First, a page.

A password will be e-mailed to you.

College Station, Texas — Two current approaches to urban development will require a new approach to data analysis to accurately estimate their impact on transportation, according to a study conducted by the Texas A&M Transportation Institute (TTI) for the California Department of Transportation (Caltrans).

The study looked at smart-growth development, which creates compact urban areas that are friendly to pedestrians and bicycles, and infill development, which focuses on building on vacant lots found within a developed area. As a result of the study, Caltrans is now urging smart-growth developers to use TTI’s new vehicle trip-generation tool instead of the traditional suburban rates from the Institute of Transportation Engineers (ITE).

“The ITE rates were developed mainly for suburban sites in single-land-use areas, where most travel is by motor vehicles,” TTI Senior Research Engineer Brian Bochner said. “With these relatively new and growing-in-popularity smart-growth developments in urban areas, there are usually nearby access to transit, more and better pedestrian facilities, and more bike lanes and facilities. So, it makes sense that the number of vehicle trips would be fewer than in traditional suburban areas. Our study showed that there were considerably fewer vehicle trips in smart-growth areas than what would be estimated using traditional vehicle trip-generation rates.”

Most agencies that review the transportation impacts of proposed developments require developers to conduct a transportation impact analysis, with a major element being a trip-generation estimate. After all, it’s the additional motor vehicle trips to and from the site that contribute to air pollution, traffic congestion, the need for surrounding road improvements (like additional signals or traffic lanes), and the right number of parking spaces for the project.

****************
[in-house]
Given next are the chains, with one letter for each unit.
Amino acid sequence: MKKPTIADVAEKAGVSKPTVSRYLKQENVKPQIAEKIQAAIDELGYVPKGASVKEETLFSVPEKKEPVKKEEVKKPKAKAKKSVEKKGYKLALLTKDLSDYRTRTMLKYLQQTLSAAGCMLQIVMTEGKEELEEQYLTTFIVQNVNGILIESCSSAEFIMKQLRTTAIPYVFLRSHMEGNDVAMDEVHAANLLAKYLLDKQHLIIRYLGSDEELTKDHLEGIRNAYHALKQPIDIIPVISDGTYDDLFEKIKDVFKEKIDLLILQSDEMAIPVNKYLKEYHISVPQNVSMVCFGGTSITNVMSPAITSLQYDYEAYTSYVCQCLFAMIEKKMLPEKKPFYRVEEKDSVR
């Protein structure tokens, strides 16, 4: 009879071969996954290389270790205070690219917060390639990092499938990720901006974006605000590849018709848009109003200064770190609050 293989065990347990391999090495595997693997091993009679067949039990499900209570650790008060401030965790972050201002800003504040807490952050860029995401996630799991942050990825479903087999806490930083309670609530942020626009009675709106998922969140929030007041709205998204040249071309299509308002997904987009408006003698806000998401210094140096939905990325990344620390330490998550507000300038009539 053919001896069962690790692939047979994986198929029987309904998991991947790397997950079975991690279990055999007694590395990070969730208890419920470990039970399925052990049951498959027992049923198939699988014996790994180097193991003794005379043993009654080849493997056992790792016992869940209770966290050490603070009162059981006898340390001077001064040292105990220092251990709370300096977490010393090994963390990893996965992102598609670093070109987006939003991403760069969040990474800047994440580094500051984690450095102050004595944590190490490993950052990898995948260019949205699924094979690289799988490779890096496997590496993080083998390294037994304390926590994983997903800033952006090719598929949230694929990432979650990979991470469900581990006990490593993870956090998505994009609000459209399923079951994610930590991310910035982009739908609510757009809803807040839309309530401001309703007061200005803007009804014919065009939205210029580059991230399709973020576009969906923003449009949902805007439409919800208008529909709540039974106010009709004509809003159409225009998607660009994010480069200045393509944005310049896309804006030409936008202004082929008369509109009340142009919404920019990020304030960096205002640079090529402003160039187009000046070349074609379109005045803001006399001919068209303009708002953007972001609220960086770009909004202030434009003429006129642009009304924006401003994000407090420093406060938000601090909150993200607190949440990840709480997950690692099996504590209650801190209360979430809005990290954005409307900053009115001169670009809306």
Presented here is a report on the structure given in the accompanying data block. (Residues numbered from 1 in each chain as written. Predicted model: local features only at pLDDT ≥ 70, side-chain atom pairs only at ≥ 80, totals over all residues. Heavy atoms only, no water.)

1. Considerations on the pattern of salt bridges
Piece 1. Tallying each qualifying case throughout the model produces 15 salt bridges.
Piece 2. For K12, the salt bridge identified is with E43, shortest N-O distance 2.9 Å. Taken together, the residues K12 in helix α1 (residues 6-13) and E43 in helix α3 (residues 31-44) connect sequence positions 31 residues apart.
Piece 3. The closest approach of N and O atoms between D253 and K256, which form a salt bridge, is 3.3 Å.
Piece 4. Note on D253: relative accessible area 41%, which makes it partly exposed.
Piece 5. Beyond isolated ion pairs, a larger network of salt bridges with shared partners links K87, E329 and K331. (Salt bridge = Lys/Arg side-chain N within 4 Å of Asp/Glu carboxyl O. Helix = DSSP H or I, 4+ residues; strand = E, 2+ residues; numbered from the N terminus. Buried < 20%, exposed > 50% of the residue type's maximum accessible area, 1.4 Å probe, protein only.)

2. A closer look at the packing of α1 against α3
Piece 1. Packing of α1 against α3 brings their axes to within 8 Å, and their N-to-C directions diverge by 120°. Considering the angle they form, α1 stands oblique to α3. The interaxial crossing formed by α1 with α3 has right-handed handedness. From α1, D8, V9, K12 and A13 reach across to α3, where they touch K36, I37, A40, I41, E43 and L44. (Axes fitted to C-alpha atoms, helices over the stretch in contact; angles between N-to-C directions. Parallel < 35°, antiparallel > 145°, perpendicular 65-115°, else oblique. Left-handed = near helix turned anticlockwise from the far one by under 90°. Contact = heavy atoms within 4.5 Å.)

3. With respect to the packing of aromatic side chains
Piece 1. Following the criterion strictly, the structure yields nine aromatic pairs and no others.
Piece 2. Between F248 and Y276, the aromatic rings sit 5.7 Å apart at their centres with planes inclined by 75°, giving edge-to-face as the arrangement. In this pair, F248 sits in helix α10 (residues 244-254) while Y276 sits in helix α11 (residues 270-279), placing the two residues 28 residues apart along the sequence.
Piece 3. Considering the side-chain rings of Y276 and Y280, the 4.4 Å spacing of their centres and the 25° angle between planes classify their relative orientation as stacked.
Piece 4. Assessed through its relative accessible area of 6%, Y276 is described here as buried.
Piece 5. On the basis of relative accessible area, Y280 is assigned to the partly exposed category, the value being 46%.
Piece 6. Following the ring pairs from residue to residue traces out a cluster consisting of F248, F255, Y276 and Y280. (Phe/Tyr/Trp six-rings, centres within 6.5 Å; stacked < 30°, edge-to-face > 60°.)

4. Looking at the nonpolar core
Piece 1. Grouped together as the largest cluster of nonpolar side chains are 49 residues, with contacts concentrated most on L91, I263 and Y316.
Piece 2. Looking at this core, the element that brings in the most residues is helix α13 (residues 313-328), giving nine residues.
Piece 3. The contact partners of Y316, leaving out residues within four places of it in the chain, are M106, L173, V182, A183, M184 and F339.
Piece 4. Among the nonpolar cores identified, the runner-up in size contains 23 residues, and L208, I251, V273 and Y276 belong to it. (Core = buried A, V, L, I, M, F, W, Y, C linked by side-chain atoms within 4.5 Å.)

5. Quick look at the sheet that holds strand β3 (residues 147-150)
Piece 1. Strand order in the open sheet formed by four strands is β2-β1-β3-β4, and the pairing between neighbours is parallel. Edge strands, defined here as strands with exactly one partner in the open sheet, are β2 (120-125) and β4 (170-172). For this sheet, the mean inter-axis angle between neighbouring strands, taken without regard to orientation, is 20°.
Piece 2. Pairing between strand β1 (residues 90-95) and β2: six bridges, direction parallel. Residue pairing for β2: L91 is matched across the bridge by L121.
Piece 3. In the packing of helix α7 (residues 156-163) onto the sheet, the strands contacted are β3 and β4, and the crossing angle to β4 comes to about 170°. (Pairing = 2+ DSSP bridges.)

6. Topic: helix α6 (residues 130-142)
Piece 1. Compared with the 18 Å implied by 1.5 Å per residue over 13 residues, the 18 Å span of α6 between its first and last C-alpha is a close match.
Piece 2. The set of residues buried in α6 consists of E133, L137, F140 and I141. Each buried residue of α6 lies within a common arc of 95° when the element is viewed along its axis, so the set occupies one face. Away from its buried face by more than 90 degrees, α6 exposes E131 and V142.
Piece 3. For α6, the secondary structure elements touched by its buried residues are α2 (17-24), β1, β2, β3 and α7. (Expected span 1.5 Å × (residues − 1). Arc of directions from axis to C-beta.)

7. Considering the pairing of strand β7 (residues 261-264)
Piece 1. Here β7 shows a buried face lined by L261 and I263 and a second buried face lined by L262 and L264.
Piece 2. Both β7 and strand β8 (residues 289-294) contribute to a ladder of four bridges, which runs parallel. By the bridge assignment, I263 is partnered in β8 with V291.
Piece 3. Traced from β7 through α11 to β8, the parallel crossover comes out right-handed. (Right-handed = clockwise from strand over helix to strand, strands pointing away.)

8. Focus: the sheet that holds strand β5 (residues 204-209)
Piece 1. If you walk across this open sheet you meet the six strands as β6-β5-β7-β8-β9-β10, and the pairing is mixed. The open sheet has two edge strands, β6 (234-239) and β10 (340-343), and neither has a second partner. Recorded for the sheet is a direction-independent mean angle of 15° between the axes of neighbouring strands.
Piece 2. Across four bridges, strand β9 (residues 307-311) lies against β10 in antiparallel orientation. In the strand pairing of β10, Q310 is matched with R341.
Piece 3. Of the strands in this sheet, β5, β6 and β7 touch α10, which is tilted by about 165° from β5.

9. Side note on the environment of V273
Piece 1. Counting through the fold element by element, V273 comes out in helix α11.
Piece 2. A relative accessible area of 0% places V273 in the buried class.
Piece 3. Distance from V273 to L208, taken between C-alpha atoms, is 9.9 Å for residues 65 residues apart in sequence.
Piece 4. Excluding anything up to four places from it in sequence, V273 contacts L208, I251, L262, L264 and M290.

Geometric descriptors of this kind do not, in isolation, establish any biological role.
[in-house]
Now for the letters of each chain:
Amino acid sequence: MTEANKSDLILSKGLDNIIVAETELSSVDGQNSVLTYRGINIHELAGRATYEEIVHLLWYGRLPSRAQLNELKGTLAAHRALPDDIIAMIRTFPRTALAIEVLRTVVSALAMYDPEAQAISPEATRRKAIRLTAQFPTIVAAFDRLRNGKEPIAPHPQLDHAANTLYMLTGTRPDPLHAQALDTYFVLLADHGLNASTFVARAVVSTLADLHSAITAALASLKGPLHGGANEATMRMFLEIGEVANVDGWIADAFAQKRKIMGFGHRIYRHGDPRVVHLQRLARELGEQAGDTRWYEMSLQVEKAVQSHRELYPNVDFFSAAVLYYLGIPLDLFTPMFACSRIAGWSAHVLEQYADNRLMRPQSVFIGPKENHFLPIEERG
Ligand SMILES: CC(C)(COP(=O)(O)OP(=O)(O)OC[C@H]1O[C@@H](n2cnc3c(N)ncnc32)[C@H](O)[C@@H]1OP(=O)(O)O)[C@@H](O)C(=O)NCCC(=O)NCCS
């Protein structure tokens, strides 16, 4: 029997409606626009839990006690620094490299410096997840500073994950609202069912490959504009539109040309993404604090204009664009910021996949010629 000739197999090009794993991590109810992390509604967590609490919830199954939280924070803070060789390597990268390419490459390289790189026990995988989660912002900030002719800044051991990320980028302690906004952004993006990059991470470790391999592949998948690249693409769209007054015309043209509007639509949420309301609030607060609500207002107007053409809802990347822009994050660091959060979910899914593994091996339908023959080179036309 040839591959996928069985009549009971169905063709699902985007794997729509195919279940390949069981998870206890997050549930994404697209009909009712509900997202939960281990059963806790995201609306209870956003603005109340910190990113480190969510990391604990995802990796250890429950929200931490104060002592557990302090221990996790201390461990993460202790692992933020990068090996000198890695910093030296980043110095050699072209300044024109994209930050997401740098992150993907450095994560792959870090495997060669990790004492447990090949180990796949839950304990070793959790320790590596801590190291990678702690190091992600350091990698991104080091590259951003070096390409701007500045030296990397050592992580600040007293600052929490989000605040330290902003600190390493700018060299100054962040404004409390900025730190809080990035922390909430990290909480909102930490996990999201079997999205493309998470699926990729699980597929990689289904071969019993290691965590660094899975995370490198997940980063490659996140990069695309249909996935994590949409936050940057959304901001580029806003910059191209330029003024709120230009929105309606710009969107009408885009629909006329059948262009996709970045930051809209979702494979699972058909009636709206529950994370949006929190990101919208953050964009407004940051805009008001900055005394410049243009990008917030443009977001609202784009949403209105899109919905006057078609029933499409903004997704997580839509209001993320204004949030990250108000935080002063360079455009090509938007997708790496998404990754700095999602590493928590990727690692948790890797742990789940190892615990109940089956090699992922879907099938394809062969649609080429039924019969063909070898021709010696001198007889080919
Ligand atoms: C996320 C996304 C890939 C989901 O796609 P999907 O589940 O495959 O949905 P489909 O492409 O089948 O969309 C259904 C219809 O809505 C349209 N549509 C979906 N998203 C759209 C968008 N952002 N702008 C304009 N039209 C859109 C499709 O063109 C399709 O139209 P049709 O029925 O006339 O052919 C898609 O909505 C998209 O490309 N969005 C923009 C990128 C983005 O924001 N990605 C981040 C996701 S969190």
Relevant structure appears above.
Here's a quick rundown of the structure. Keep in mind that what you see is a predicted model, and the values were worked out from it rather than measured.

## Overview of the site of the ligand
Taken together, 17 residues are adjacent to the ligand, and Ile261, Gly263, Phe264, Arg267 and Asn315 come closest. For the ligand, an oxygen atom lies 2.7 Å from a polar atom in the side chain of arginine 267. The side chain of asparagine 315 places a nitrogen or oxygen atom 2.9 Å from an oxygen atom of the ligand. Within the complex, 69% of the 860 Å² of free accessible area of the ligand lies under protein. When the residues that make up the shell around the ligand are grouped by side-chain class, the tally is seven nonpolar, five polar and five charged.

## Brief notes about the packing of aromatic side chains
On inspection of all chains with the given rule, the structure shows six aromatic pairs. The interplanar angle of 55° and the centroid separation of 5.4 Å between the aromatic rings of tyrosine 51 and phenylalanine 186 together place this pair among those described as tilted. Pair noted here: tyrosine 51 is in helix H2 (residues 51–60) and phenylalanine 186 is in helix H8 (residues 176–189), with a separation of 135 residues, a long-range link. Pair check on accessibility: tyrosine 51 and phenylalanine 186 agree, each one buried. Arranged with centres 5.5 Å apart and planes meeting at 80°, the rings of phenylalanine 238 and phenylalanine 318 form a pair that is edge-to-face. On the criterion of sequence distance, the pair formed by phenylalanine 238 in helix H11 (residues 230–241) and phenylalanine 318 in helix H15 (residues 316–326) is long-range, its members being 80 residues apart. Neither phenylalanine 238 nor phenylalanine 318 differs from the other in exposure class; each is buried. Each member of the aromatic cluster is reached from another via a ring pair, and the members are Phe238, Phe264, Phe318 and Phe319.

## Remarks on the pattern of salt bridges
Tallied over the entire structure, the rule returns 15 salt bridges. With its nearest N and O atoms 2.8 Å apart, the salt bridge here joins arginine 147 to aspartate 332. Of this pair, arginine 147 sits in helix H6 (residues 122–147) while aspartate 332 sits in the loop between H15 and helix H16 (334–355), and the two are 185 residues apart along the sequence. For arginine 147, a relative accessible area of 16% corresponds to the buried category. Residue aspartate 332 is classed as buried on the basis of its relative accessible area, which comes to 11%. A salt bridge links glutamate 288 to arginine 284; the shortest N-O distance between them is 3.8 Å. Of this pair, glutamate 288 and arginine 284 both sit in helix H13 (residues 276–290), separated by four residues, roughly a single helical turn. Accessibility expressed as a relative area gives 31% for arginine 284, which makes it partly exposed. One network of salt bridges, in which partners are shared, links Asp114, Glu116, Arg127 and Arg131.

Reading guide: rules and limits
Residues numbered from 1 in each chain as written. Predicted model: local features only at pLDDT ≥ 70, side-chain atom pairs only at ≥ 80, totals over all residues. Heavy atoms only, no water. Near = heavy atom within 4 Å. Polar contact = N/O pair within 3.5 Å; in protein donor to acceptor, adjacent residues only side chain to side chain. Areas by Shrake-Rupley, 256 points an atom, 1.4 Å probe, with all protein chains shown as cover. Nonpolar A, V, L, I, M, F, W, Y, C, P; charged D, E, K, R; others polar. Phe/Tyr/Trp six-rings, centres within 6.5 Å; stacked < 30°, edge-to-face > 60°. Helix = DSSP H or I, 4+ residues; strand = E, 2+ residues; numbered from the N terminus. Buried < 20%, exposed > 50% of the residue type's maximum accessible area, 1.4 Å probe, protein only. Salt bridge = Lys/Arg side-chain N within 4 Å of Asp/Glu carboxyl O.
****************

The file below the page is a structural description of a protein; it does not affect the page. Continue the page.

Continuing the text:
If impacts are overestimated, state and local agencies might require excessive mitigation measures. Developers are usually required to provide road improvements or charge fees to offset the problems their projects are expected to create. In worst-case scenarios, a planned development might be reduced in size or scope or even scrapped because of the extra costs or anticipated consequences.

“For some time, we’ve had a pretty good idea that trip-generation estimates were not accurate for our infill areas,” said Marc Birnbaum, Caltrans project manager on the trip-generation study. “Transportation experts and developers speculated that the estimates were too high. Others thought smart-growth areas would somehow generate as little as zero vehicle travel. From an equity perspective, we need to get this right.”

The goal of the project was to produce a validated and improved estimation method and, as a result, create a user-friendly tool to more accurately estimate trip generation. TTI researchers collected actual trip-generation data from 30 smart-growth sites (e.g., apartments and office complexes) in California and then compared the findings with the estimates generated from traditional suburban data.

“On average, we found that there were 44 percent fewer actual vehicle trips for smart-growth apartments and 49 percent fewer actual trips for office buildings,” TTI Associate Transportation Researcher Michael Martin explains.

Using the data derived from the project, TTI developed a spreadsheet estimator tool that automatically computes the trip-generation estimation for smart-growth developments.